RELATED: Denim is Destroying the Planet

Don’t get me wrong; I am very keenly aware of the amount of trash that tampons and pads produce. In one lifetime, the average person with a period will use between 12,000 and 15,000 tampons, pads, and pantyliners. Globally every year, approximately 45 billion feminine hygiene products are disposed of. That is a nearly inconceivable volume of non-recyclable trash — and all of the packaging, applicators, and used product ends up in waterways and landfills. I want to successfully navigate my menstrual cup for a lower-impact period, but I haven’t been able to use it without anxiety. Without access to a private bathroom at work (or at bars and restaurants, or really any other establishment outside of my home), the cup feels like a lot to contend with and sometimes, fumbling around with it just feels gross. Perhaps some people with periods feel totally comfortable ceremoniously dumping and cleansing a silicon goblet containing their own uterine lining, but I’m just not — especially when there are other people around to watch.

And therein lies my constant struggle: wanting to use a menstrual cup and reduce the amount of trash I produce, but absolutely loathing the process. Without access to a private bathroom and a birthing doula-level of comfort with uterine blood, it feels like a gruesome chore, which is the last thing I want to deal with during an already trying time of the month.

RELATED: Recycling Your Beauty Products is Complicated

After last month’s hellish menstrual cup fail, I talked to friends and colleagues and realized that I’m not alone. The notion of using a menstrual cup is daunting for many of us, despite cup evangelists relentlessly singing its praises. I’ve heard stories about full cups falling onto the ground and splattering, blood splashing on clothes, and strangers in the bathroom making commentary about “not wanting to see that.” Yep: if handling a collection of your own period blood didn’t make you feel gross or stressed out enough, Susan from marketing is there to remind you that you are, indeed, disgusting.

I talked to Carinne Chambers-Saini, CEO of Diva International Inc, the company that makes DivaCup, to see if there are any practical steps to make using a menstrual cup in a public restroom a more private experience.

“One of the most important tips to remember is that it takes many people a few cycles to feel truly comfortable with inserting and removing the cup,’ Chambers-Saini tells me. “If you’re unable to wash it after removal (when using a public restroom), wash your hands before entering the stall, empty the contents in the toilet and simply use a dry or damp tissue to clean the cup. If you find you need more than tissue, bringing a water bottle in the stall with you can be used to moisten the toilet paper and help you rinse the cup as well.”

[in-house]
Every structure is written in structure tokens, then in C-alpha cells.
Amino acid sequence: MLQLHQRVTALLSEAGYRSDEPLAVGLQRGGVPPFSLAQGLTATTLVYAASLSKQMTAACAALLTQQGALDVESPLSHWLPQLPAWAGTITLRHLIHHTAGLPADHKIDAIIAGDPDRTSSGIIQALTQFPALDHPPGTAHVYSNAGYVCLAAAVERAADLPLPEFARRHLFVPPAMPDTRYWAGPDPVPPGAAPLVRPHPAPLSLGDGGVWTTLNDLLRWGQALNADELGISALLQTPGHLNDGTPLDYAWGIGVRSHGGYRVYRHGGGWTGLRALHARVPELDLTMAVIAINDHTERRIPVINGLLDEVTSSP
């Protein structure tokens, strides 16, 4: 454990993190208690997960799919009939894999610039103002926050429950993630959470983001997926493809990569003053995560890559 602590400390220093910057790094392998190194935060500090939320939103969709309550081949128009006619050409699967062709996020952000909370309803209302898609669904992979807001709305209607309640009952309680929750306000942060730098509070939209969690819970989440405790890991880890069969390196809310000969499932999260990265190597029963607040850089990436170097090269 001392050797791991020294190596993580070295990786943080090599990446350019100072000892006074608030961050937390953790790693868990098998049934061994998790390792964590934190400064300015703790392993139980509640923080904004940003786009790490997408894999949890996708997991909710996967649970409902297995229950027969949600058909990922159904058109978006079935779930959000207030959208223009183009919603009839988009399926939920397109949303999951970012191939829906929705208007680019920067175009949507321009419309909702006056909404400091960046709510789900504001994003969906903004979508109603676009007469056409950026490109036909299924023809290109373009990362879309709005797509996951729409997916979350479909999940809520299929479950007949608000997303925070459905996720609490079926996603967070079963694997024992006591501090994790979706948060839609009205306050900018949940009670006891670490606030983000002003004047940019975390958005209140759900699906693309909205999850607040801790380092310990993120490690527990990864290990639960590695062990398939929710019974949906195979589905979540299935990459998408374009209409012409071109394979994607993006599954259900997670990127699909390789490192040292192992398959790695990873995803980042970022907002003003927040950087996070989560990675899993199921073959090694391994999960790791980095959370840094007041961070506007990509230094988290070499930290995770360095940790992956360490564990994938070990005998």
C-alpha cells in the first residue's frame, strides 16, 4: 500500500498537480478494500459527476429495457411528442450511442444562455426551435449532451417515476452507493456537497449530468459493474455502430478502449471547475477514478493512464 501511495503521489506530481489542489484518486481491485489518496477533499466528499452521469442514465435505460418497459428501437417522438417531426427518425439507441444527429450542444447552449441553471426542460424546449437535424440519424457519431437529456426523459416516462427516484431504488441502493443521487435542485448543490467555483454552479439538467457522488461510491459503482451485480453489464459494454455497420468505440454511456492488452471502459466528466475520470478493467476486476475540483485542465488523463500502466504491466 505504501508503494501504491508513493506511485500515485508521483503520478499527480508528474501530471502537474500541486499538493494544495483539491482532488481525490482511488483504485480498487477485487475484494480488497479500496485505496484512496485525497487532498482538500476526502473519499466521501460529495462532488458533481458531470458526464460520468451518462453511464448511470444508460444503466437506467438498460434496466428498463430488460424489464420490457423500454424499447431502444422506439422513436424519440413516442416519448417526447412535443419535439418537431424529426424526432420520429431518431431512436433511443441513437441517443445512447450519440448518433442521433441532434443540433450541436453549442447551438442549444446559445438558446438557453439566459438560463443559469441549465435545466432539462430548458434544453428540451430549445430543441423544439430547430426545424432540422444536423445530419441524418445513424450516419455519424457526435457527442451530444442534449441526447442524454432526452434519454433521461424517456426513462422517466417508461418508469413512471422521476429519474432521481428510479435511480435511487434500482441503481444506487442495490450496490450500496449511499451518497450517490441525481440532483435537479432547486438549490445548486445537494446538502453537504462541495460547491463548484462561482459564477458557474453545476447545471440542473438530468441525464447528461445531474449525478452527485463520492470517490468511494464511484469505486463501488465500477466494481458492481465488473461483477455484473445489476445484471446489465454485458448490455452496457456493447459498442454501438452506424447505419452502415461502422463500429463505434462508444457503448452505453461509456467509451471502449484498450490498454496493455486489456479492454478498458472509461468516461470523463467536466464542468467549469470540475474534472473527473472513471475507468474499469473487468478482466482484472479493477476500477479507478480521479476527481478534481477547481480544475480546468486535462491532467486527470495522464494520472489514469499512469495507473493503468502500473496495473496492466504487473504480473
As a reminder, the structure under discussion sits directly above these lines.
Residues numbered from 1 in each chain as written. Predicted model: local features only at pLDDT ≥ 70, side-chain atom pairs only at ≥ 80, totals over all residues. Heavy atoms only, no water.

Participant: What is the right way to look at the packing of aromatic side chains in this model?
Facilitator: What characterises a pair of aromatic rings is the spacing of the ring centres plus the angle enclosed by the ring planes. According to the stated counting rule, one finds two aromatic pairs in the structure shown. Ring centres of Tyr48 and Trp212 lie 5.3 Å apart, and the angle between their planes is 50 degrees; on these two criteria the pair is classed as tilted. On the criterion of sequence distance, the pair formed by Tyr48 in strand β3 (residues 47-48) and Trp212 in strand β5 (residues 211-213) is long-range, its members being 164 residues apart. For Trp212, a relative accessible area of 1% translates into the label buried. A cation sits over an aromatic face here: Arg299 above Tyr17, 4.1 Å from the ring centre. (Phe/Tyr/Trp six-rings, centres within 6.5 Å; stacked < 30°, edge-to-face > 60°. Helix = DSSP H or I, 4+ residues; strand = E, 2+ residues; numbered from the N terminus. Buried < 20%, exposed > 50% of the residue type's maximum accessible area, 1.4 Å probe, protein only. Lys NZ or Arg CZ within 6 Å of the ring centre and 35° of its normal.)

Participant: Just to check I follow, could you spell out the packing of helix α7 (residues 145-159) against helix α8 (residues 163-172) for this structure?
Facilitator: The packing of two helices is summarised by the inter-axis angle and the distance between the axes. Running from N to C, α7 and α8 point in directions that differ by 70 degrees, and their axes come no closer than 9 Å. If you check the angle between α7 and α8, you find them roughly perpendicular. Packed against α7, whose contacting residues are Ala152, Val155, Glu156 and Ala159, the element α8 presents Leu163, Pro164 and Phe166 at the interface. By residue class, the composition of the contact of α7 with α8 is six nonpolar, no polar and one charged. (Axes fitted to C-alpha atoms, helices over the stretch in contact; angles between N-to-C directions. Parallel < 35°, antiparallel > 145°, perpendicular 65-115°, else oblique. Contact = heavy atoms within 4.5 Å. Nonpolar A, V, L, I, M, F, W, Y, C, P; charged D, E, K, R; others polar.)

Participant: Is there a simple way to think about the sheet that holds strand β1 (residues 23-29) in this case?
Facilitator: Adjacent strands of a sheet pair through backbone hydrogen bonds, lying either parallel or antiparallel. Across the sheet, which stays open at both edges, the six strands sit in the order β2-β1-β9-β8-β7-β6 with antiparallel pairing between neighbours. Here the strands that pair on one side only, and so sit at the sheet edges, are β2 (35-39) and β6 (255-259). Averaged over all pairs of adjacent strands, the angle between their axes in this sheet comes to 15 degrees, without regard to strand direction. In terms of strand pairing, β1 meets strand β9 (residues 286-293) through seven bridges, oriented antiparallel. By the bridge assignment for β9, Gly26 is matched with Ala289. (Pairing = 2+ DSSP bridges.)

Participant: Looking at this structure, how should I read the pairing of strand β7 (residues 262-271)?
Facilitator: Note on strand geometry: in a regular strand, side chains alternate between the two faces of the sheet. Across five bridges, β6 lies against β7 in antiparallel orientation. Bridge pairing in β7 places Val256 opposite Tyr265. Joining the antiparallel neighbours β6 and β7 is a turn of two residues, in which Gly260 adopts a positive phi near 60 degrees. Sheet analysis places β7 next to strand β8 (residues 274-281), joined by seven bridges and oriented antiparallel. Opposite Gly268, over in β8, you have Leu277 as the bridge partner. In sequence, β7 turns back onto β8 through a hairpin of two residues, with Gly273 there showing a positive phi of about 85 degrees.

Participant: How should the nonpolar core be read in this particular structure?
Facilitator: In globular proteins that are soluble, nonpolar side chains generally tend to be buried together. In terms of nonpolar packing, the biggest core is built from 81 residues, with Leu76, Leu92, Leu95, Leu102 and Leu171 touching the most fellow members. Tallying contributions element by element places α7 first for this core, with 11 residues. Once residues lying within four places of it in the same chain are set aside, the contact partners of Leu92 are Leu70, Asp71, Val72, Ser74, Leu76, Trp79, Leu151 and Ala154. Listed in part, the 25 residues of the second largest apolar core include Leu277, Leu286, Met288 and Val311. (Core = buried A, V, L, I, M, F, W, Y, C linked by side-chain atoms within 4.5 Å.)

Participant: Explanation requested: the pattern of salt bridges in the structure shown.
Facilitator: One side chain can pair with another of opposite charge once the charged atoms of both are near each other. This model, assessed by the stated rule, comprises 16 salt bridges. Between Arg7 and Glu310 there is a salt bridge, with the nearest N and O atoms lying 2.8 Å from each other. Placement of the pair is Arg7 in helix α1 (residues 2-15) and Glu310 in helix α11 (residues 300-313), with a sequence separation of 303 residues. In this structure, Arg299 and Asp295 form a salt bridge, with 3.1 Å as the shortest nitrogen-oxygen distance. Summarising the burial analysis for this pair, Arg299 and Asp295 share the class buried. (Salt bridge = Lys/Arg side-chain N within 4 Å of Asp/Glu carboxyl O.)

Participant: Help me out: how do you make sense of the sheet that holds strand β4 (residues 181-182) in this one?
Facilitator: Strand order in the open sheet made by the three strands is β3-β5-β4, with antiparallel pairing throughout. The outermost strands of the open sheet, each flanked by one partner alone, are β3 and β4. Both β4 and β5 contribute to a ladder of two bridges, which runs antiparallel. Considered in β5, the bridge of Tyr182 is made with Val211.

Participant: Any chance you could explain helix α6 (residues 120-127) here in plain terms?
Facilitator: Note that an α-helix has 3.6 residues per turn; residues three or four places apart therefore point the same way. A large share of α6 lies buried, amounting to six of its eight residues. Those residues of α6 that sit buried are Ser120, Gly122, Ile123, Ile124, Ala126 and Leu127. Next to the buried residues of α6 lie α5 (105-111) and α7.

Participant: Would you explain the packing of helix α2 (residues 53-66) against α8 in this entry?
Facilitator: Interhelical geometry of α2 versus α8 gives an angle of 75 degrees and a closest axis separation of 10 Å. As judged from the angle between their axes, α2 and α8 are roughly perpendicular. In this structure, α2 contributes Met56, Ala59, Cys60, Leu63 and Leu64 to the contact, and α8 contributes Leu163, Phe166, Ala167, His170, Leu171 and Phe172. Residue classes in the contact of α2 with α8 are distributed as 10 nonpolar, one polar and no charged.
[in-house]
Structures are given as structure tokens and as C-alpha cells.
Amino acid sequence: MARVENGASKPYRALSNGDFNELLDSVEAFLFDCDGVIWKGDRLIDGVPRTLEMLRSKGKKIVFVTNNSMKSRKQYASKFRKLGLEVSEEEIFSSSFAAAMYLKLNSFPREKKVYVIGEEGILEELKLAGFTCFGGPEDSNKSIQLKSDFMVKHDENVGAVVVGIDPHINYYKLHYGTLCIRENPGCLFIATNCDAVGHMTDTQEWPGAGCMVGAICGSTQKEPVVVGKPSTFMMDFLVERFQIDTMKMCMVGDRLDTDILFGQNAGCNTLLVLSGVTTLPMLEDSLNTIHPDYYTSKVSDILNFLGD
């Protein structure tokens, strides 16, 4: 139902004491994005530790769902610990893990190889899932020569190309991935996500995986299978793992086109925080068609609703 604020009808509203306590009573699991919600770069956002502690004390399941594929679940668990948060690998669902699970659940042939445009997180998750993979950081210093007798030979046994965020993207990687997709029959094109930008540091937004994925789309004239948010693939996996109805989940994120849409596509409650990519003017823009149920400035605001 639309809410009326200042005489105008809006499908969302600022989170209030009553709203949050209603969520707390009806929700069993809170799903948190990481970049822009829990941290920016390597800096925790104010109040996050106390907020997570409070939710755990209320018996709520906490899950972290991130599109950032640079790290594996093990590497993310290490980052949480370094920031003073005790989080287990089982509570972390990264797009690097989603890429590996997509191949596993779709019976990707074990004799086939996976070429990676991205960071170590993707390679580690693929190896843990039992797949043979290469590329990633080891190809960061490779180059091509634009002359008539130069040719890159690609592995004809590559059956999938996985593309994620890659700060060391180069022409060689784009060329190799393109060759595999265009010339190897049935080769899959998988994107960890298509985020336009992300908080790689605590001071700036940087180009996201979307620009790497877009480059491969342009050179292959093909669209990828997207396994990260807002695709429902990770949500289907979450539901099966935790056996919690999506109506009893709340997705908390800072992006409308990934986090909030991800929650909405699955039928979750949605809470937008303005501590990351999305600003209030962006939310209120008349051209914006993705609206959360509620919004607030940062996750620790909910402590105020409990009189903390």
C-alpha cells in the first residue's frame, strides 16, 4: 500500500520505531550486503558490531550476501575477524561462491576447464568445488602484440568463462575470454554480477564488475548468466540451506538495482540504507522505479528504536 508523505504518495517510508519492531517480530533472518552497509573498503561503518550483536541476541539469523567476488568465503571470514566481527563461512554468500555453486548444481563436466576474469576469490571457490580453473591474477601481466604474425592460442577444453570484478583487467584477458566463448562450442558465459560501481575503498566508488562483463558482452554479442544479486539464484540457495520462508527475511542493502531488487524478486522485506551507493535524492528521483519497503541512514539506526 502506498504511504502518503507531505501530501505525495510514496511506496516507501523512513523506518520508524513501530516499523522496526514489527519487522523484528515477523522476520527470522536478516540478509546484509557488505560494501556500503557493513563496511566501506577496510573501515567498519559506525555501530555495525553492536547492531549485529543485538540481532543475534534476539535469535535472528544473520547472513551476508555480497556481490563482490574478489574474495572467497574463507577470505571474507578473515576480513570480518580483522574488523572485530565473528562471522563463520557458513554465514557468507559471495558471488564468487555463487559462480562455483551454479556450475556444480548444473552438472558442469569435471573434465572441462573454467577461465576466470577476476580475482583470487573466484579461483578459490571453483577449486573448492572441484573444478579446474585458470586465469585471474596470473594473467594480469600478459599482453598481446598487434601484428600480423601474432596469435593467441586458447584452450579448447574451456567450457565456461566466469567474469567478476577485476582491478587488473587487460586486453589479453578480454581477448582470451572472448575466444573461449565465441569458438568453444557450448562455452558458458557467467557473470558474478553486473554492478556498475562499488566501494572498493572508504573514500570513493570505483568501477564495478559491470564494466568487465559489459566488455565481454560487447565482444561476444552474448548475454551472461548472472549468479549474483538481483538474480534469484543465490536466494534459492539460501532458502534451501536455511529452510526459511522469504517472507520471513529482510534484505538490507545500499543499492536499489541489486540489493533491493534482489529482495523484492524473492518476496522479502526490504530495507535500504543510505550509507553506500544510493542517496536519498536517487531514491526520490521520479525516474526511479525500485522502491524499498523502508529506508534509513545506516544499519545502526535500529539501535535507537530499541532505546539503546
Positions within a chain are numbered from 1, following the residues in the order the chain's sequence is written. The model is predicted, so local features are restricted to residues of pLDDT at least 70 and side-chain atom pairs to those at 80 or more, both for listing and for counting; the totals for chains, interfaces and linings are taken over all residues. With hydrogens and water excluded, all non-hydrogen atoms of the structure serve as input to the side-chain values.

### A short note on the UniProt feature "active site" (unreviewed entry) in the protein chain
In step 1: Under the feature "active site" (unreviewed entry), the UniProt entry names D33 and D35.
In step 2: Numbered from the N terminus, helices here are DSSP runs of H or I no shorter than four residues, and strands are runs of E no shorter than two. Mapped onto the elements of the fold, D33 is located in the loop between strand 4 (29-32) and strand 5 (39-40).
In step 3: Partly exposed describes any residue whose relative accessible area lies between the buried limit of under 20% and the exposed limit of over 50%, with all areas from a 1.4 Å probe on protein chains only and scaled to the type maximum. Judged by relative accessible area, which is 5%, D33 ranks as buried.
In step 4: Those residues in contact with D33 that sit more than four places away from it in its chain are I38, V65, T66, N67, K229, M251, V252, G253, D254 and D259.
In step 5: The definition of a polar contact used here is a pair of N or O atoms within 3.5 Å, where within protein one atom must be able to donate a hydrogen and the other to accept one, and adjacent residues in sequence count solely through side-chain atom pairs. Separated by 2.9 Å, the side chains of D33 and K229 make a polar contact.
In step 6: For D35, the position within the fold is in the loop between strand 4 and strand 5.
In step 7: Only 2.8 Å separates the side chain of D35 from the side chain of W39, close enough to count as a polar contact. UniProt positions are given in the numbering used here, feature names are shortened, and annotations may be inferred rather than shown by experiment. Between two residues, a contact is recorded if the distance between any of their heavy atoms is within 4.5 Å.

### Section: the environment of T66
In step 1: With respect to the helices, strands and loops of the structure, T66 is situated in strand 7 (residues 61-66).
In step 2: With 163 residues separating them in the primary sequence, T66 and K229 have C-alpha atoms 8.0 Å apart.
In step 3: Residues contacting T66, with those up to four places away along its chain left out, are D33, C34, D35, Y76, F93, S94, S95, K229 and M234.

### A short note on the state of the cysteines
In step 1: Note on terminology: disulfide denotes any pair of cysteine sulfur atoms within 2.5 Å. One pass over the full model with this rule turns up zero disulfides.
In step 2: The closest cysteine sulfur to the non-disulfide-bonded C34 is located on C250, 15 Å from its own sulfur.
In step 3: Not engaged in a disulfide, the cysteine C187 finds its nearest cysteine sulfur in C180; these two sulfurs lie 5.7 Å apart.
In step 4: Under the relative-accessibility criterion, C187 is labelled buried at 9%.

So DivaCup says the answer is that simple: Bringing water into the stall to wash your cup alone, hovering over a toilet. Lunette, another menstrual cup brand, suggests on their website to wipe the cup down with one of their prepackaged cup wipes if you don’t have access to water or don’t want to leave the stall. On menstrual cup forums, people weigh the pros and cons of simply dumping the contents of the cup and reinserting without rinsing it at all. Pro: You don’t need to leave the stall, and the cup spends less time outside of your body and exposed to germs. Con: By the end of the day, it’s going to be pretty damn gross.

All solid advice, depending on your comfort levels, but it doesn’t totally solve the problem — in fact, bringing a water bottle or additional cup-specific wipe into the stall with you introduces yet another variable to the process that could potentially go wrong. There’s also no insight on what to do if things do go wrong (which they sometimes will, because life). Perhaps I’d feel more guided in my use of a menstrual cup if the websites would tell me what to do when I inevitably spill my period onto my white sneakers.

On the one hand, there’s simply no denying that the choice to use a menstrual cup is one that will significantly reduce the amount of waste you produce. However, it’s also an imperfect option. Menstrual cups are the reusable straws of our vaginal canals. We know that we should probably use them, but if you spend a lot of time in public, not being able to use a tampon — or plastic straw — feels like something devised to test our patience. So if you’re out there, bleeding into a tiny silicon cup that will eventually inspire the type of hyper-specific anxiety that comes with public displays of period management, I want you to know that I see you — except if we’re in the bathroom and you’re cleaning out your menstrual cup, and then I’ll pretend I don’t.

Menstrual cup falling out

Leave a Reply

Your email address will not be published. Required fields are marked *